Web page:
As there are concerns over the effectiveness of monetary policy, central bankers like the ECB’s Mario Draghi are pointing to fiscal policy to do more. European governments are wary of adding to the high levels of debt that they incurred over the past decade stemming from the financial crisis. The U.S. had implemented a large tax cut at the beginning of last year, which has also added to concerns over debt. But, at the same time, both America and Europe have promoted investment, particularly the latter in creating a fund to boost infrastructure. Such capital spending delivers returns in the future so is different than current spending and perhaps less worrying for debt markets, especially as the infrastructure investment often includes private financing. However, as a countercyclical fiscal policy, this sort of spending takes too long to be used to right the business cycle. This is why John Maynard Keynes in his seminal book, The General Theory, proposed state organised councils with infrastructure projects ready to be rolled out during an economic downturn.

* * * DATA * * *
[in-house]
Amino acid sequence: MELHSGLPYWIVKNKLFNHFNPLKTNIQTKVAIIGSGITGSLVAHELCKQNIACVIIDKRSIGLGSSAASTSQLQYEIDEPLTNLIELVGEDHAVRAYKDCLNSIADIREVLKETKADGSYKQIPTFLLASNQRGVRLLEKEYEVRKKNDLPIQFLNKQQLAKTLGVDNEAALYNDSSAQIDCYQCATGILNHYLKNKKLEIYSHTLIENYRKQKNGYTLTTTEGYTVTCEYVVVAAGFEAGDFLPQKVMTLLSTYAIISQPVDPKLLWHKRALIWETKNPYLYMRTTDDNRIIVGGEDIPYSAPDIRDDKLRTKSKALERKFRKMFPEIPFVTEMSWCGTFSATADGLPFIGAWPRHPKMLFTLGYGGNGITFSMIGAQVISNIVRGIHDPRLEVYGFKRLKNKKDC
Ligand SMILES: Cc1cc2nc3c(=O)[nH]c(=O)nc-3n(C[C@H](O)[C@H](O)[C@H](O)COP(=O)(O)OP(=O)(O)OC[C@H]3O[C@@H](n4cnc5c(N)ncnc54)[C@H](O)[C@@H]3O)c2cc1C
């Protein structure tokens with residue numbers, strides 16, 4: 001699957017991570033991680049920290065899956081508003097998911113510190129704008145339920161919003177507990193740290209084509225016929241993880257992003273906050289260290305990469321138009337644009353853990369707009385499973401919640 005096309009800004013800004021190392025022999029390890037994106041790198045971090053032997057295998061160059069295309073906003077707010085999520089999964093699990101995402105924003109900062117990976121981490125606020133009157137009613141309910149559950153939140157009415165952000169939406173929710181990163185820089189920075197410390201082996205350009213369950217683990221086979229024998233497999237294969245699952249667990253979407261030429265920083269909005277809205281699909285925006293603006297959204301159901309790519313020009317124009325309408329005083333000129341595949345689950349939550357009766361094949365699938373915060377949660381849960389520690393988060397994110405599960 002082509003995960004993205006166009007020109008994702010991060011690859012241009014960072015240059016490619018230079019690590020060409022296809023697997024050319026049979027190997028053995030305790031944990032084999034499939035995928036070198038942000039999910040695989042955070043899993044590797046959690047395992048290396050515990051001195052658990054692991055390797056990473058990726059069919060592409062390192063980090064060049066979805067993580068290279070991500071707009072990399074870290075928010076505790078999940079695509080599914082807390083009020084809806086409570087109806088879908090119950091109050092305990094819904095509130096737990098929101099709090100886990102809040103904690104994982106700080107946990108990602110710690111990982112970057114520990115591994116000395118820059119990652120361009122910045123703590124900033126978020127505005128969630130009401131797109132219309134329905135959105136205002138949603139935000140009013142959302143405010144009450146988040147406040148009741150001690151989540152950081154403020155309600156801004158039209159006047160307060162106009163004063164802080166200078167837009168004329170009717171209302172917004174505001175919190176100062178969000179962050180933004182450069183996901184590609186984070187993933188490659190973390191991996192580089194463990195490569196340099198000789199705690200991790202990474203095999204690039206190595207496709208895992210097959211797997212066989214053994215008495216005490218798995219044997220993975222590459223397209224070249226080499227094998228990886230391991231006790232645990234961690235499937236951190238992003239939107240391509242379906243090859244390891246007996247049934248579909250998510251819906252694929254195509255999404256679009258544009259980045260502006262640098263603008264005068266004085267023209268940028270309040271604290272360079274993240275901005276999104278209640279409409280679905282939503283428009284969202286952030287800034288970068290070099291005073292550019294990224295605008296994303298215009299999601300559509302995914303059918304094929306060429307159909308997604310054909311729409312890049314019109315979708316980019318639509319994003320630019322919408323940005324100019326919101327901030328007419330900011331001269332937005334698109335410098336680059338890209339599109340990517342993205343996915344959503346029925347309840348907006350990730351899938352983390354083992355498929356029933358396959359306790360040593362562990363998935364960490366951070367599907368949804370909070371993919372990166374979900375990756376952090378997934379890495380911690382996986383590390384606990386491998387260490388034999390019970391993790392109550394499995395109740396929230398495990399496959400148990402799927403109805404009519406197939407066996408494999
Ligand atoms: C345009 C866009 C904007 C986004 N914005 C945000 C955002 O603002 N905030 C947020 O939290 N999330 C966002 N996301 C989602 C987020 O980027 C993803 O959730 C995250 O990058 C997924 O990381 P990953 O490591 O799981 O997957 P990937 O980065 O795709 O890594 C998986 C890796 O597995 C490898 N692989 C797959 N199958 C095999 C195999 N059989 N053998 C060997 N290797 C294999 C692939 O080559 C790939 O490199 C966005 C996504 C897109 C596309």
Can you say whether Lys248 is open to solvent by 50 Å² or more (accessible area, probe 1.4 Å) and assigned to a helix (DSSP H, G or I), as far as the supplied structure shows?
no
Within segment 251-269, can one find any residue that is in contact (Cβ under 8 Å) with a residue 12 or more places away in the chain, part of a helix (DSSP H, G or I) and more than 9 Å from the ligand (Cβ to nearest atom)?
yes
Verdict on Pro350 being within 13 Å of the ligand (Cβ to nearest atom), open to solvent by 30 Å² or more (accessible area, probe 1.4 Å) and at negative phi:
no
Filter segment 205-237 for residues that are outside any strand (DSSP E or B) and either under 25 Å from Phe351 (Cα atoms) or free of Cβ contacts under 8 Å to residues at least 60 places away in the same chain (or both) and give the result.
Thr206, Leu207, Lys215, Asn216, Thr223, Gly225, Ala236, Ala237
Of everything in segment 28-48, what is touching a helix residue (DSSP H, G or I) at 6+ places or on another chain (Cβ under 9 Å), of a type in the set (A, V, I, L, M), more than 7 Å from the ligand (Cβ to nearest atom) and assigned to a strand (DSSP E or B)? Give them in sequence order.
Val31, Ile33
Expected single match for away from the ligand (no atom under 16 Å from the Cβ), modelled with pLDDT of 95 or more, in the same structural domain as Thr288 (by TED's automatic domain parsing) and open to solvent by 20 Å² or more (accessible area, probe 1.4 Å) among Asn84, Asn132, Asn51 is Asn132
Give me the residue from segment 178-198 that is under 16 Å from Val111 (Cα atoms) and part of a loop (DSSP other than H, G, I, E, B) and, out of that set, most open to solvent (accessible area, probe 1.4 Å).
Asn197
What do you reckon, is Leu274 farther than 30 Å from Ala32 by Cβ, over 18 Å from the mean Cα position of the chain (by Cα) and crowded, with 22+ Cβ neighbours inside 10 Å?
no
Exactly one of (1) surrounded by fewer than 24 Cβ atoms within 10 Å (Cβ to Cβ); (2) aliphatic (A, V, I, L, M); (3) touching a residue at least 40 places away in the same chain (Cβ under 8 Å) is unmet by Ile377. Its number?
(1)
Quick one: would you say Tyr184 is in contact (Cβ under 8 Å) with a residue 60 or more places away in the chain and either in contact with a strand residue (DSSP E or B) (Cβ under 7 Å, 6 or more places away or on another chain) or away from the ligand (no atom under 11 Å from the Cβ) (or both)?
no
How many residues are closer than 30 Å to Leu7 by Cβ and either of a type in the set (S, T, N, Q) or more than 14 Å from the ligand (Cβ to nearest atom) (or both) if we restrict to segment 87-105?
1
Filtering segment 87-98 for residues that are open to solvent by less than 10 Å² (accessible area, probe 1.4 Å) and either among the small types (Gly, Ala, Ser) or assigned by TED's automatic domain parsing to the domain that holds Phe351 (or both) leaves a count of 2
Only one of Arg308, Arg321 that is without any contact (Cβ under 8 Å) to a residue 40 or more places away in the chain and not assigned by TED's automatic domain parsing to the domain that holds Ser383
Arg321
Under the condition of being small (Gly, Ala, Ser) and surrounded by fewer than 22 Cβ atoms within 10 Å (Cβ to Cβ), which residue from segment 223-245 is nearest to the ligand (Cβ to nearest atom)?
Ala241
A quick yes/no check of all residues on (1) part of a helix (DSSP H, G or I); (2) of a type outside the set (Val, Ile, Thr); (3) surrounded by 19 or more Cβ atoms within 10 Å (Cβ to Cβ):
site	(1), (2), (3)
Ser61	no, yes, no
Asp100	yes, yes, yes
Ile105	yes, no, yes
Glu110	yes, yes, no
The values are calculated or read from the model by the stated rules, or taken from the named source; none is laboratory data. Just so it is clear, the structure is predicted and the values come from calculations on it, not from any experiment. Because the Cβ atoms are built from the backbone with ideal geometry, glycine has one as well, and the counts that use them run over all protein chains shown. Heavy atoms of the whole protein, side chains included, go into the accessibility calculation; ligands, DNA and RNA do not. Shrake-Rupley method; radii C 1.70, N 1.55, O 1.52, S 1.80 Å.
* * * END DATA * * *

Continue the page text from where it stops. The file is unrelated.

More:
In the current low rate environment, bond markets seem to be more concerned about a lack of growth than the level of debt for the major economies at least. That would suggest there was leeway for governments to use fiscal policy to help prevent a recession.
Debt, though, constrains China in a different way. To counteract the slowdown from the 2008 global financial crisis, China’s corporate debt levels grew on the back of the growth of looser credit, including through the shadow banking system which are loans that sit outside of the formal banking system. China has cut taxes this year to counteract the global slowdown and the impact from the higher tariffs from the U.S.-China trade war. But, there are also constraints as to its policies around easing credit because its financial markets do not allocate credit efficiently due to the state domination of the sector, so debt can build up in less efficient firms or as a result of not very productive projects.